As an over the road truck driver it is probably impossible that you won’t rely on some packaged food to get you through your days. The problem that most people have is the lack of understanding on how to read a food label and what all those numbers mean. Understanding and reading food labels is essential to eating for health. It will help you avoid obvious pitfalls such as excessive sugar or sodium consumption and make you more aware what you are putting in your body and how it makes you feel. Knowledge is power and the more you know and understand the food that you are eating the more you are able to make better choices with your nutrition.
Fast Food By Stephanie Hanning, R.D.
When you are out on the road and hungry, grabbing a fast food meal may be necessary at times. The problem with fast food is that it normally is loaded with calories, sugar, sodium, and fat. This can be a challenging situation if you are trying to eat healthy but you can make choices that can keep you on track with healthy eating.
Carbs - the lowdown By Stephanie Hanning, R.D.
Understanding carbohydrates may be one of the toughest things to do these days. One day the media tells you carbs are bad, the other day they are praised. It becomes really hard to decipher what information is right and wrong. Throw in the obstacles of driving a truck and limited food choices and it seems impossible to choose foods wisely.
Preventing and Controlling Diabetes By Stephanie Hanning, R.D.
Diabetes continues to be on the rise and the number one risk factor for the development of the disease is obesity. The significance of this for the trucking industry is statistics from the National Institute of Health indicate that more than 50 percent of truck drivers are obese, compared to the national rate of 26.7 percent. Compared to the general population, the prevalence of diabetes is 50 percent (JOEM 2009) in the trucking industry, and there are 7 million drivers on the road.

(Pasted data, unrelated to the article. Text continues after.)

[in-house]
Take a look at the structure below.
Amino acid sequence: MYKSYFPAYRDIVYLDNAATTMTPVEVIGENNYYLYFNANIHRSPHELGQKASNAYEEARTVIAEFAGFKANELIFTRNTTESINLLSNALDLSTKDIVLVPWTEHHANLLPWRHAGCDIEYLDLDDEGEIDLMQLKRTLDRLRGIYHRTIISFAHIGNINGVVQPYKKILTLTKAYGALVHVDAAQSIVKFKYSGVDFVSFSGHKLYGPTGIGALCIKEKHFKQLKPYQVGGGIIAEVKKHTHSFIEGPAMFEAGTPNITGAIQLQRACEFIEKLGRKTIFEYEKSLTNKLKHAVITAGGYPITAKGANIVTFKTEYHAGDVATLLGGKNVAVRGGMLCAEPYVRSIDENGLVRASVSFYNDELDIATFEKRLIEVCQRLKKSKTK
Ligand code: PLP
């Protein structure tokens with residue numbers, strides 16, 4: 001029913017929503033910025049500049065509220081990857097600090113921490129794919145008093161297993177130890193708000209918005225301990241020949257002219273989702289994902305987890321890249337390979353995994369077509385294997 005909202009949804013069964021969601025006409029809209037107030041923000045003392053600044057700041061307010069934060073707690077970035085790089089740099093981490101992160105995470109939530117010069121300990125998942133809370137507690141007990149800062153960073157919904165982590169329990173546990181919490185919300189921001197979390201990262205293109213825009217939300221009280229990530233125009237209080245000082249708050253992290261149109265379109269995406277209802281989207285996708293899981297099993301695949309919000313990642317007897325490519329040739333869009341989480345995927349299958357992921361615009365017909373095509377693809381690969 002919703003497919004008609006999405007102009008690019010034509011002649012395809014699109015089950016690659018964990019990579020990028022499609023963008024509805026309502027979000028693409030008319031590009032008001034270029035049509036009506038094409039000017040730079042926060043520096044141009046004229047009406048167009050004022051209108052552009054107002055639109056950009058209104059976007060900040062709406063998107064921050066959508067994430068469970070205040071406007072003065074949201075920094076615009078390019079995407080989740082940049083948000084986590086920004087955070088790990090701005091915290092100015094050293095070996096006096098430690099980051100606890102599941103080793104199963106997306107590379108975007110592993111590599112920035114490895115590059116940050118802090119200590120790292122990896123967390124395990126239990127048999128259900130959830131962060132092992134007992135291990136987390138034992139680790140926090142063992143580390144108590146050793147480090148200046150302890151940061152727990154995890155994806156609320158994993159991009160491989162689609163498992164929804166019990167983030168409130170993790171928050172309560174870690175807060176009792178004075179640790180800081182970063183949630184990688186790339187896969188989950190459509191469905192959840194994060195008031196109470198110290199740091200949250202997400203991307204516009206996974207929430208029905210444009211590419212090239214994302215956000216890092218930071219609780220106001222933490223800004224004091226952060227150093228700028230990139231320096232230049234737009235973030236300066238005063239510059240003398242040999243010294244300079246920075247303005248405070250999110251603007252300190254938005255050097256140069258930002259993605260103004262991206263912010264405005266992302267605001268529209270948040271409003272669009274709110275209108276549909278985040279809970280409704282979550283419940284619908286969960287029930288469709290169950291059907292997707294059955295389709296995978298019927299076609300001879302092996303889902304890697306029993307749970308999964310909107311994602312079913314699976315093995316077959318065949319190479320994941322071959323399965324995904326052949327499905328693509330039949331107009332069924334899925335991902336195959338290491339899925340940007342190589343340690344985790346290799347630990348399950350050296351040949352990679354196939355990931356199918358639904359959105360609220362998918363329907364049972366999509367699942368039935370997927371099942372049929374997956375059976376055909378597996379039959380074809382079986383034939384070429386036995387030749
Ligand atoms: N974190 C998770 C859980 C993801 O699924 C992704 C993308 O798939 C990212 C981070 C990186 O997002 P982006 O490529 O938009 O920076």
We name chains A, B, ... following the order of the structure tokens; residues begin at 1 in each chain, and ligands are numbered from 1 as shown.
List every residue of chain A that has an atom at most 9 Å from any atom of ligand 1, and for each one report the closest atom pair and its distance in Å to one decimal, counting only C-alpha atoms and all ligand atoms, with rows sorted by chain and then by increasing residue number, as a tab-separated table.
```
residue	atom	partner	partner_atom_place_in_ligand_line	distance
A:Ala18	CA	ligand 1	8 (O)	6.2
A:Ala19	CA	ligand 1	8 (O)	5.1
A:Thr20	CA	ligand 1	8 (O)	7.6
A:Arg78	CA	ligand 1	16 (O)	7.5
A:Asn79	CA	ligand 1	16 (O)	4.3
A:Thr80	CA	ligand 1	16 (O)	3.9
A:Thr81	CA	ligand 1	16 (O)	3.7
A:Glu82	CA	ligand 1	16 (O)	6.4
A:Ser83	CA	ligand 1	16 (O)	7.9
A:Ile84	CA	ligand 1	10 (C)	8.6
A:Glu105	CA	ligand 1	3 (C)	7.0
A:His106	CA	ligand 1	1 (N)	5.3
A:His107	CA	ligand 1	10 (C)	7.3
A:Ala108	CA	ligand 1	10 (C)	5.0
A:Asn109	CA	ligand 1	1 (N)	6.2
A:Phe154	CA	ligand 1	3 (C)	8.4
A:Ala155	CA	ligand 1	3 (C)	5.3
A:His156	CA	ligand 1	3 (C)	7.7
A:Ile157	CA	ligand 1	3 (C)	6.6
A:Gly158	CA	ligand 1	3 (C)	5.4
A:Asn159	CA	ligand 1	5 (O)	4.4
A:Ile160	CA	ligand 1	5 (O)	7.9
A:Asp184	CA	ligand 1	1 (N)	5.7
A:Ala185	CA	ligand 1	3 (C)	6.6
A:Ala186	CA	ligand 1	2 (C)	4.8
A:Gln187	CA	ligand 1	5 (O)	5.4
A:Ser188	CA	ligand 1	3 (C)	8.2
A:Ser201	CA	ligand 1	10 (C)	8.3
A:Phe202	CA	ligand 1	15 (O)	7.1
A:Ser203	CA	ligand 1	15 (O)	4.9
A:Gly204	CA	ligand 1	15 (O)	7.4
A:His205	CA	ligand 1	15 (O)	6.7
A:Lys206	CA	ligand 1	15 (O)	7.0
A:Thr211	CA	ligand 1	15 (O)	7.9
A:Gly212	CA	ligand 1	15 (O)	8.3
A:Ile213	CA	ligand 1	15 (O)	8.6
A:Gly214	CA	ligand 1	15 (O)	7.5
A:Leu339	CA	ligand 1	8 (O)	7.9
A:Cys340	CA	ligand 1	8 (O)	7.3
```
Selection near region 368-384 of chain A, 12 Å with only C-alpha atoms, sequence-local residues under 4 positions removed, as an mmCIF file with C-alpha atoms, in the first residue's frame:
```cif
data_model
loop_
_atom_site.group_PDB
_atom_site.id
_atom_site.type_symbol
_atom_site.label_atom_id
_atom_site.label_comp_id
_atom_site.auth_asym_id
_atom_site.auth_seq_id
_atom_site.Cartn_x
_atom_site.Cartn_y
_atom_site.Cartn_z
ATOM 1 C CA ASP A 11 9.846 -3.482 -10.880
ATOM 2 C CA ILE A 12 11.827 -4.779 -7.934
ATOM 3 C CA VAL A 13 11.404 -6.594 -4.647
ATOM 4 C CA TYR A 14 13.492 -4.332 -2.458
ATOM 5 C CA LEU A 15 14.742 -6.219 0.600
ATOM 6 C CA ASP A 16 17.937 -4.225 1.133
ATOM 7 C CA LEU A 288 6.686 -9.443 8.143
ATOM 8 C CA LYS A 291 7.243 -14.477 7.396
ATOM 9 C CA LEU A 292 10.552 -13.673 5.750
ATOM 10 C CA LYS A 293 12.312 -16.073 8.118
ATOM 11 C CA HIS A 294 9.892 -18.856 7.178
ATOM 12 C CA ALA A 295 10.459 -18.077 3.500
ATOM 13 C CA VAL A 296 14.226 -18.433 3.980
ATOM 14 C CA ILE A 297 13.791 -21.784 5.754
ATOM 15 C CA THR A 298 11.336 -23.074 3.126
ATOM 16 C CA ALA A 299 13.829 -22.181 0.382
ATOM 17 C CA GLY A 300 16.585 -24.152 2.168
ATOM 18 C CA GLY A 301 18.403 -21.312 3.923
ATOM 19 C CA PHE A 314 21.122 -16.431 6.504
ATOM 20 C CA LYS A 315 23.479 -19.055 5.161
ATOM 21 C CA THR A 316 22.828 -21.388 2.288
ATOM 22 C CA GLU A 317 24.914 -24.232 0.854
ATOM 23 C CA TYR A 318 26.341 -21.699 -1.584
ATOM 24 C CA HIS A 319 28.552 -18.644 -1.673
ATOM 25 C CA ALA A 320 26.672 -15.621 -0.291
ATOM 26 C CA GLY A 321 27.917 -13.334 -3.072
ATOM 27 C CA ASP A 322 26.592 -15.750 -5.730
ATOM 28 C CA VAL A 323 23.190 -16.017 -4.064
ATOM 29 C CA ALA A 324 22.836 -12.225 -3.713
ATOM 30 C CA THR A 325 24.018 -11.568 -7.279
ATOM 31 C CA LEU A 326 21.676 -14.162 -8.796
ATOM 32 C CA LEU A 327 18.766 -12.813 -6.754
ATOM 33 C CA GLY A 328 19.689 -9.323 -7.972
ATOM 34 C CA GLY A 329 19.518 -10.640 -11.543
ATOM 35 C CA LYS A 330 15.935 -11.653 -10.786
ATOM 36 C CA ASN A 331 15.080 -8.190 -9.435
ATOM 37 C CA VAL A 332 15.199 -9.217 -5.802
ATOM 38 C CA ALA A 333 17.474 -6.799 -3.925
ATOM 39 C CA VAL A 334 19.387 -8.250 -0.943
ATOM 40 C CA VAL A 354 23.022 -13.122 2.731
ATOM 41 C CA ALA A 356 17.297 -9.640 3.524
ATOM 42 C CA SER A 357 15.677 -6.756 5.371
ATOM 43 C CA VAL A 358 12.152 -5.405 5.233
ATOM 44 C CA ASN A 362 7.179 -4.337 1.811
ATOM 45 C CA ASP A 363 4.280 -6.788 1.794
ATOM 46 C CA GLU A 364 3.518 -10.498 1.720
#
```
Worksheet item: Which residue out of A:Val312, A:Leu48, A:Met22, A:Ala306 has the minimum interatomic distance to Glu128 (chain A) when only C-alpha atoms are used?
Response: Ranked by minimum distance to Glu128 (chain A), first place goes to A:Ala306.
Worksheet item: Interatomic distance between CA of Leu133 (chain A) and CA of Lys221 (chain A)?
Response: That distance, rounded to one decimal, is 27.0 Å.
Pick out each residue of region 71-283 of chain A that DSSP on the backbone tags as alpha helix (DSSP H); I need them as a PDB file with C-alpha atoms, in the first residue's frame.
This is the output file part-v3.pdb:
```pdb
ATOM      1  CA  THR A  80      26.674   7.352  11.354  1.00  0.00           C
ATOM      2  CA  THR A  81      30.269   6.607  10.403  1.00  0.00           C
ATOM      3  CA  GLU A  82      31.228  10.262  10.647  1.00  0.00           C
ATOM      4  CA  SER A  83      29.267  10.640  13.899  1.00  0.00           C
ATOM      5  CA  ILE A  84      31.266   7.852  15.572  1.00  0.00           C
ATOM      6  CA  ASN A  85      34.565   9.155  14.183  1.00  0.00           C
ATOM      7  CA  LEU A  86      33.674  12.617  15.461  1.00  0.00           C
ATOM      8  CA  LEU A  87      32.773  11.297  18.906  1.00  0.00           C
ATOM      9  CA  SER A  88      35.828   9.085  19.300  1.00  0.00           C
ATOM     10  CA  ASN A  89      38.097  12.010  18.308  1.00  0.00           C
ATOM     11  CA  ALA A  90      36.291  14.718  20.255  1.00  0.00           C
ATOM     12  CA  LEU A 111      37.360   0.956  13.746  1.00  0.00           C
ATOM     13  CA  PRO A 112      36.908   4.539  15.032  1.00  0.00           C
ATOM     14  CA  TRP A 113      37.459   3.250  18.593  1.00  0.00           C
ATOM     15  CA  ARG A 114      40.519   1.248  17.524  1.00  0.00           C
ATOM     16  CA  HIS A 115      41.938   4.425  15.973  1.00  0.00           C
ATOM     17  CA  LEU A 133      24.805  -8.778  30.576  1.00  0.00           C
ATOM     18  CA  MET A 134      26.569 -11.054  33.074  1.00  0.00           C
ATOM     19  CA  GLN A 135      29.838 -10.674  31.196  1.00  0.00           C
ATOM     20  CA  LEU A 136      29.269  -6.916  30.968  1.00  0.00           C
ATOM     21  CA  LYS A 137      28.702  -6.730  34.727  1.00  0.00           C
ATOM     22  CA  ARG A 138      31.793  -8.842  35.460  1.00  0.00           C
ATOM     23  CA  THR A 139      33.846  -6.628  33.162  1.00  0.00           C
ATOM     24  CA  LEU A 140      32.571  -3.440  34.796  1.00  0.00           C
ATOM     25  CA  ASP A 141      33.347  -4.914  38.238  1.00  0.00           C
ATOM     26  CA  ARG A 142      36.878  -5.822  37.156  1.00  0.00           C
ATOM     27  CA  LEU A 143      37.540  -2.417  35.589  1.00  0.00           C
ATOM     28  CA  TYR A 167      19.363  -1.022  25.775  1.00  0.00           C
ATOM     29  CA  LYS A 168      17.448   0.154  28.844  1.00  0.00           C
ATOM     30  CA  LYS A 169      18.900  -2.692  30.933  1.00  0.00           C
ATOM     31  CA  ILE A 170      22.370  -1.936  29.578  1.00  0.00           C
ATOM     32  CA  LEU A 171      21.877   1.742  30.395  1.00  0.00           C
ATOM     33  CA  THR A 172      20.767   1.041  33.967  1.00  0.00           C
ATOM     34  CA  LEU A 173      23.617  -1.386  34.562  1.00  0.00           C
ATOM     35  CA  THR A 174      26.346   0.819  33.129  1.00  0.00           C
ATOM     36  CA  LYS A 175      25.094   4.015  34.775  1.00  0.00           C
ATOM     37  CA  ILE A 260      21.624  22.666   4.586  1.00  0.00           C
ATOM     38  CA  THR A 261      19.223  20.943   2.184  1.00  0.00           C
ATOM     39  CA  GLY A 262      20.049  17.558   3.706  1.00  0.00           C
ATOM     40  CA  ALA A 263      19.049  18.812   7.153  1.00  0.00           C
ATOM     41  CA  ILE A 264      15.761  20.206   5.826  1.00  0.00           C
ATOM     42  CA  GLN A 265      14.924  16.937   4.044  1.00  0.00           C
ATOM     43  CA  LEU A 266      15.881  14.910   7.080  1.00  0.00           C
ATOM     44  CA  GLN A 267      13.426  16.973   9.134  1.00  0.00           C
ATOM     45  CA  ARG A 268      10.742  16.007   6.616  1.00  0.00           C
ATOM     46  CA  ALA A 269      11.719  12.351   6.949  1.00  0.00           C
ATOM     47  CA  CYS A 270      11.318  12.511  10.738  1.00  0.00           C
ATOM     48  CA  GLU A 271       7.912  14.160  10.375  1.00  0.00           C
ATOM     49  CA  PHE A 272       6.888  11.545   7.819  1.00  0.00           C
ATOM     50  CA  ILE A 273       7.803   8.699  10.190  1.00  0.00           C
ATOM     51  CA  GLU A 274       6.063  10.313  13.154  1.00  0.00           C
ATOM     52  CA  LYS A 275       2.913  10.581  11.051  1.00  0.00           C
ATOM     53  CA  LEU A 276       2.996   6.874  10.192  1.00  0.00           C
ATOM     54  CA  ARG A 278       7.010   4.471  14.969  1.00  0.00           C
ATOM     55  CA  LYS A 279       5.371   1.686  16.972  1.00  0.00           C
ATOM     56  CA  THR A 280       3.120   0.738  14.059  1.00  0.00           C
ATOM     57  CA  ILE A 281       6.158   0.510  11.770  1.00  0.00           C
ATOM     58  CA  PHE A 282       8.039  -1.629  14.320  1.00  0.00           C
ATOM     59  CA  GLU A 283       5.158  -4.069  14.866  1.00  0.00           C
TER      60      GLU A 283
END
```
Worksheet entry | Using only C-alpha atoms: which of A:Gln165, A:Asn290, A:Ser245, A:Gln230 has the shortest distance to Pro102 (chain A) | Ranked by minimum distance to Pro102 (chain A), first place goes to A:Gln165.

Sugar-Sweetened Beverages: A Look at the Facts
Sweetened beverages, sometimes known as sugar-sweetened beverages or SSBs, range from carbonated and noncarbonated soft drinks to energy drinks and vitamin and other sweetened waters.
Here are some facts about sugar-sweetened beverages:
- Approximately one-half of the population 2 years of age and older consumes sugar drinks on any given day
- Males consume an average of 178 calories from sugar drinks daily, while women consume 103 calories
- People who drink sodas, juices, and other caloric beverages do not compensate for these calories by consuming fewer calories in food, which is a major factor contributing to overweight and obesity
How Much Do Bad Habits Cost?
- To estimate the cost of eating poorly, you must consider the costs associated with developing heart disease, stroke, type 2 diabetes, some cancer, higher health insurance and life insurance costs, medical expenses, higher food and clothing costs, decreased productivity, and lost wages from missing work.
- In a study from The George Washington University, researchers found that an overweight man spends $432 a year, and an overweight woman about $524 a year, more than normal weight people. Individuals who are obese, however, have much, much higher costs: $2,646 a year for males and $4,879 for females.